Back at the club, present-day William and Randall walk in, and Cuz is sitting at the bar, now the owner. Randall is so excited to meet his family, but it’s clear William and Cuz have some breaks to repair. It doesn’t stop him from continuously chiming in with questions but he finally gives them their moment. You see, when William’s mom got sick, Cuz told him family always comes first, but he said it with the belief that family would also always come back. William never did. So today, he’s there to apologize, tell him he’s sick, and pay him back the money Cuz lent him way back then. Just as they’re about to leave, Cuz asks if he’s too sick to play. Spoiler alert: he’ll never be too sick to play. With that, we get to see what William was like in his prime; being in love with music.  Randall is loving every minute, channeling his inner Oprah as he realizes he gets a cousin! And he gets another cousin! He even calls Beth, the chocolate sauce in his ice cream, to tell him what an incredible time they’re having. Watching Randall watch his dad on stage, shows you just how far the two have come, and makes what happens next even more heartbreaking.
The next day as they’re going to see the ducks, Randall finds William in bed and he’s not in good shape. When they get to the hospital the doctor tells Randall that this is it. William is not going home and Randall puts it together: William came here to die. So, as Randall is at his bedside William thanks him for knocking on his door that day. He tells him how he deserves incredible things. And that it’s not lost on him that the two best people he ever met have been at the beginning and end of his life: his mother, and his son. And on that cue, he finally gives Randall the “Poems for my son,” the book he’s been holding on to since his encounters with Rebecca in the past. It’s a beautiful gesture, and the perfect time. It’s after this that William makes a confession: he’s scared of what happens next. So, Randall moves on to the bed, places both hands on either side of William’s face, and tells him to just breathe. Fans were trying to tell themselves to do the same as this moment beautifully became full circle. From father, to son, to father. After a few breaths together, William takes his last one, and Randall is back on the road.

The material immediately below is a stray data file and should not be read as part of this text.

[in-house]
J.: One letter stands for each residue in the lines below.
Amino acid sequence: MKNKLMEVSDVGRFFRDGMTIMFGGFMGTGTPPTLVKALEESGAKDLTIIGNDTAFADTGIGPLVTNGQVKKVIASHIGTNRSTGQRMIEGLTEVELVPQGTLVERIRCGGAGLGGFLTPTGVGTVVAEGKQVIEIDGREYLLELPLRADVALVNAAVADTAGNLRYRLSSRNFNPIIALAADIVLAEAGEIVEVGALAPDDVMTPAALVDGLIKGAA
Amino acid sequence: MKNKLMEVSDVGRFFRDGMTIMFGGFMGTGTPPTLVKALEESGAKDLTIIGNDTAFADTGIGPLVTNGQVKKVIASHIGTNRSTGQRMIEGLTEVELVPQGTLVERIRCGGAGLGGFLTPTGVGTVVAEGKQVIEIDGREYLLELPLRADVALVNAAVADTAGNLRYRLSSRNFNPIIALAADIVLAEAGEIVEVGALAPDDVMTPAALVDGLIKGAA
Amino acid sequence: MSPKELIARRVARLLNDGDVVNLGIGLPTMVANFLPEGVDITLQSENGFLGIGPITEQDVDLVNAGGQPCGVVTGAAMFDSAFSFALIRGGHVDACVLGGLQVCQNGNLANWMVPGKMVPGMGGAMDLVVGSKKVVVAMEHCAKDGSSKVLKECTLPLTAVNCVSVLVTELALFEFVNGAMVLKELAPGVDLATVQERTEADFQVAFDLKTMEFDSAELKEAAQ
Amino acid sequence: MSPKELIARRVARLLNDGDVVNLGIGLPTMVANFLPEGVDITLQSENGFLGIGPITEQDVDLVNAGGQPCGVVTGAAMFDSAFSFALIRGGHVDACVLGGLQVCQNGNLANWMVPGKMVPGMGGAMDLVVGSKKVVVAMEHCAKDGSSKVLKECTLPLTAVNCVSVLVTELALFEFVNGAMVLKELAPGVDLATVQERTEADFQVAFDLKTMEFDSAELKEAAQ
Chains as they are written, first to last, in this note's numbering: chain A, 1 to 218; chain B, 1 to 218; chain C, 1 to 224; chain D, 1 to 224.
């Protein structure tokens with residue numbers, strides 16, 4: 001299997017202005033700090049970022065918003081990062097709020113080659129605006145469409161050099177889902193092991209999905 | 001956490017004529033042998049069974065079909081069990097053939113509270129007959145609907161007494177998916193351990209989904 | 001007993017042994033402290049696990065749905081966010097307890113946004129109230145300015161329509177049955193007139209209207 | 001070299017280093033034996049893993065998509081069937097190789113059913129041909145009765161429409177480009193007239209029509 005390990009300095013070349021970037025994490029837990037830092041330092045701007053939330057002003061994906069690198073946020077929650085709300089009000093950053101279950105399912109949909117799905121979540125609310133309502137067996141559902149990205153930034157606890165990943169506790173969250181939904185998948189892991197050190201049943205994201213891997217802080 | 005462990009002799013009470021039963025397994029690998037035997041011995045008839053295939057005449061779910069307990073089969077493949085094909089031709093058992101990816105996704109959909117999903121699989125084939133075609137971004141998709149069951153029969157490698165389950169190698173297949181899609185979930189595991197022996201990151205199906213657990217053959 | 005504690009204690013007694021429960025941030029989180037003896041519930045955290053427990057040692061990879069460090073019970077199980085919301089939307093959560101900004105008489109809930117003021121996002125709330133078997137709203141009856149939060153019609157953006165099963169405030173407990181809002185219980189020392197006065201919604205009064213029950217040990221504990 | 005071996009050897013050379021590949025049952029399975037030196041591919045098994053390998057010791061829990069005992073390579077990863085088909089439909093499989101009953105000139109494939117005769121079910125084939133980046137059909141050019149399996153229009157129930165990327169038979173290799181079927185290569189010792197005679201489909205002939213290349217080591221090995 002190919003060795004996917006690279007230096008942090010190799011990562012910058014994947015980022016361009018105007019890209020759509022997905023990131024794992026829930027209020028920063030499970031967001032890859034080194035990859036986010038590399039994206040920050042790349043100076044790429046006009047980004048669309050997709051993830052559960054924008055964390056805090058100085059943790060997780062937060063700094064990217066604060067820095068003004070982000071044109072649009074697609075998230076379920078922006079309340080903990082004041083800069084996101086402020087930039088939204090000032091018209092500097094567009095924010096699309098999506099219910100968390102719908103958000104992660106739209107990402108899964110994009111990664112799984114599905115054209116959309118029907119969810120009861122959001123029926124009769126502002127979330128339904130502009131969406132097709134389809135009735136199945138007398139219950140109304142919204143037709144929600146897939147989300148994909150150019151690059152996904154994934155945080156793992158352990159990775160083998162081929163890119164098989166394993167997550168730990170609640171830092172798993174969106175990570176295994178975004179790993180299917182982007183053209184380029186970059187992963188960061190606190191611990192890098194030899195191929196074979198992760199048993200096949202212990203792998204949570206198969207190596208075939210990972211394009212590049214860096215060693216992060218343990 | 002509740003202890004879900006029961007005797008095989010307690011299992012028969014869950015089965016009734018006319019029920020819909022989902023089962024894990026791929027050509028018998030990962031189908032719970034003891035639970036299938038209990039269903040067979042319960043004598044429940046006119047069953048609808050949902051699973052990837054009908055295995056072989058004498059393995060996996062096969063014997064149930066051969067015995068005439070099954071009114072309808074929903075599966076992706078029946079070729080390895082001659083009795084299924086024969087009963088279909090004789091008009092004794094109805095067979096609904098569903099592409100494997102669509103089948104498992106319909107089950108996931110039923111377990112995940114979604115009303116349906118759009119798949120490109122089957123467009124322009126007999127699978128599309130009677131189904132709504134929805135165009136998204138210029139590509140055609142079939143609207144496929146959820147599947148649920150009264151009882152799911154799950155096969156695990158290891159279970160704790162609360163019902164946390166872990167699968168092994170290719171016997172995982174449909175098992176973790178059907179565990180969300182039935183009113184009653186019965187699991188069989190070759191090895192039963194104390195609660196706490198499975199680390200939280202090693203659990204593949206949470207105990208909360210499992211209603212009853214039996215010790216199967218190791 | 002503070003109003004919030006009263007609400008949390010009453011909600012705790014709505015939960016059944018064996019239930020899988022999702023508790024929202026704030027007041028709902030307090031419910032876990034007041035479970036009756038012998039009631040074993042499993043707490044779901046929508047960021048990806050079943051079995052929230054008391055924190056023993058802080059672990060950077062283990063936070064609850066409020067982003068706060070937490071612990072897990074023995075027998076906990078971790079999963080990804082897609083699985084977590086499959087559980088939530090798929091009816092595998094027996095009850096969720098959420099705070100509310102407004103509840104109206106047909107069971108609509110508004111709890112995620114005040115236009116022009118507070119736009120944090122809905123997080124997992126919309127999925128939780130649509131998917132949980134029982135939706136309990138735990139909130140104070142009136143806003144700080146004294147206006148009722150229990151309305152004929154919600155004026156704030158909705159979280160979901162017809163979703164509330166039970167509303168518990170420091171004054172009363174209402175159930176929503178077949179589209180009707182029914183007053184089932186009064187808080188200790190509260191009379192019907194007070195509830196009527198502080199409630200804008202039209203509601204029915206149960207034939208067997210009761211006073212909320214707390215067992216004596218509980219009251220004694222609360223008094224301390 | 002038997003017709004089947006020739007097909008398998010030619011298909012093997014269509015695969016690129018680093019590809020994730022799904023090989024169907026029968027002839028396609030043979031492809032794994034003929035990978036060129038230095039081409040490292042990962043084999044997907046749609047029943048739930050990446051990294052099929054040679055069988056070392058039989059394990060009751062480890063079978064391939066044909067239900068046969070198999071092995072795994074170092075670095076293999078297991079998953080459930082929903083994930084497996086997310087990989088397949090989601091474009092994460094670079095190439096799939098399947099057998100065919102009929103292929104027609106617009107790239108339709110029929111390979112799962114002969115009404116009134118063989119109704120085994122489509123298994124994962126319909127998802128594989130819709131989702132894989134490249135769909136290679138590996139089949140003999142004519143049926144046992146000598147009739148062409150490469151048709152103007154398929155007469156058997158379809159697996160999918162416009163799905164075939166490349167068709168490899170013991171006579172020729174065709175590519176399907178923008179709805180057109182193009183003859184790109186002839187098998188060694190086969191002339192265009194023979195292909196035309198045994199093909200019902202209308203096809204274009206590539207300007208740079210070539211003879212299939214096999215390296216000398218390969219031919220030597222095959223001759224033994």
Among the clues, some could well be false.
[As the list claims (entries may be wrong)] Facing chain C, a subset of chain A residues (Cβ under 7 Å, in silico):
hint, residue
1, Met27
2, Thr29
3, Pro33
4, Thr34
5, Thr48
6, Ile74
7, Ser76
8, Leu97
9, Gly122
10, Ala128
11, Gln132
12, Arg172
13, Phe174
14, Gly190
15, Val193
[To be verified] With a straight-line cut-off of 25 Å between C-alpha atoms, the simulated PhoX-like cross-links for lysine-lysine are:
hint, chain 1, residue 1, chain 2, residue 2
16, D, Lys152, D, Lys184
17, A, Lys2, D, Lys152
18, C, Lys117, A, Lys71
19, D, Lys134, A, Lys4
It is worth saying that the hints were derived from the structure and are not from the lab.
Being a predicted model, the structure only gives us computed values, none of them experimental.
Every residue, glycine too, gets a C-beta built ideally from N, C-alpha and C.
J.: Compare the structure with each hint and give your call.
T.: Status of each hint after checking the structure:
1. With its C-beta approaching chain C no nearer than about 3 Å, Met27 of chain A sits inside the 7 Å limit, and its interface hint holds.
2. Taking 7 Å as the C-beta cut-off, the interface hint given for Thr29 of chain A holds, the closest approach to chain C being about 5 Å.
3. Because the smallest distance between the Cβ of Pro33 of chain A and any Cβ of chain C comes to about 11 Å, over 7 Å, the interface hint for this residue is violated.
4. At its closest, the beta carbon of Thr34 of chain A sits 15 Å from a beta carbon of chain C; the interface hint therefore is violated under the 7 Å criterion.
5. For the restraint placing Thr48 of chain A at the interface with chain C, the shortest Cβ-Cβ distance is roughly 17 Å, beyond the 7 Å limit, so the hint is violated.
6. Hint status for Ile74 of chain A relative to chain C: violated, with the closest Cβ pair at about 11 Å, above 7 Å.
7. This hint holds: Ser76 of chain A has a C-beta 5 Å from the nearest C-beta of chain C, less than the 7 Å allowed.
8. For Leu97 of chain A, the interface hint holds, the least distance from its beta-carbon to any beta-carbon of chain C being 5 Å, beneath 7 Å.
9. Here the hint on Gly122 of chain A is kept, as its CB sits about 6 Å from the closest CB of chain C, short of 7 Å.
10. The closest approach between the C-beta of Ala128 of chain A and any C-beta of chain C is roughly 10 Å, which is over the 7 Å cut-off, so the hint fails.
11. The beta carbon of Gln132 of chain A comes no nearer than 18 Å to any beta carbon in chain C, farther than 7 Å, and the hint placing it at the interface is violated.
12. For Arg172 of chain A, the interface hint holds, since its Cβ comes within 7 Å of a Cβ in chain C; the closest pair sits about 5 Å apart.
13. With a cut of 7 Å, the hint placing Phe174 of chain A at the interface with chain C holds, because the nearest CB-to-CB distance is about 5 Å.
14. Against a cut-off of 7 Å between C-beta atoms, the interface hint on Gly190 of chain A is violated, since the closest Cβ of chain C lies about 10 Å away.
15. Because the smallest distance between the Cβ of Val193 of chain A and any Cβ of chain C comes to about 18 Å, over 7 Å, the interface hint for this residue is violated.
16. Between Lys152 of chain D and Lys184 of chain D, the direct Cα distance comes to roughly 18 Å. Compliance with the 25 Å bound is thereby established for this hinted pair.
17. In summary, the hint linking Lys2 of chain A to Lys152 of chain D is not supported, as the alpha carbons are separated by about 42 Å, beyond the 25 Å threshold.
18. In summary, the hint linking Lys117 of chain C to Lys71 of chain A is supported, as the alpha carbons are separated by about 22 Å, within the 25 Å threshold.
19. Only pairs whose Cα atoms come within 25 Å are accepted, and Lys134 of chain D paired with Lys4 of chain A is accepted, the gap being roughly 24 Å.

As he’s driving we’re watching him try to process the loss of his father… again. And then, because life has a way of doing things like this, he’s forced to stop the car as ducks make their way across the street. It’s the perfect end, to a beautiful episode that was made even more beautiful by the incredible writing and acting that took us from the beginning to the end of William’s life — with one incredibly important stop along the way. It was an episode that paid tribute to a man’s life, and an incredible bond between father and son. It made viewers cry so much that Papa Pearson gave us an emotional late pass, and the cast released an apology video. But like they said in that video, they don’t want to apologize for actually making us feel. Because that’s what this episode did. It reminded us what a truly powerful hour of TV can do. Yeah, it can make us cry and laugh. But it can also make us wanna roll our windows down, crank up the music and just… live. Just like William wanted us too.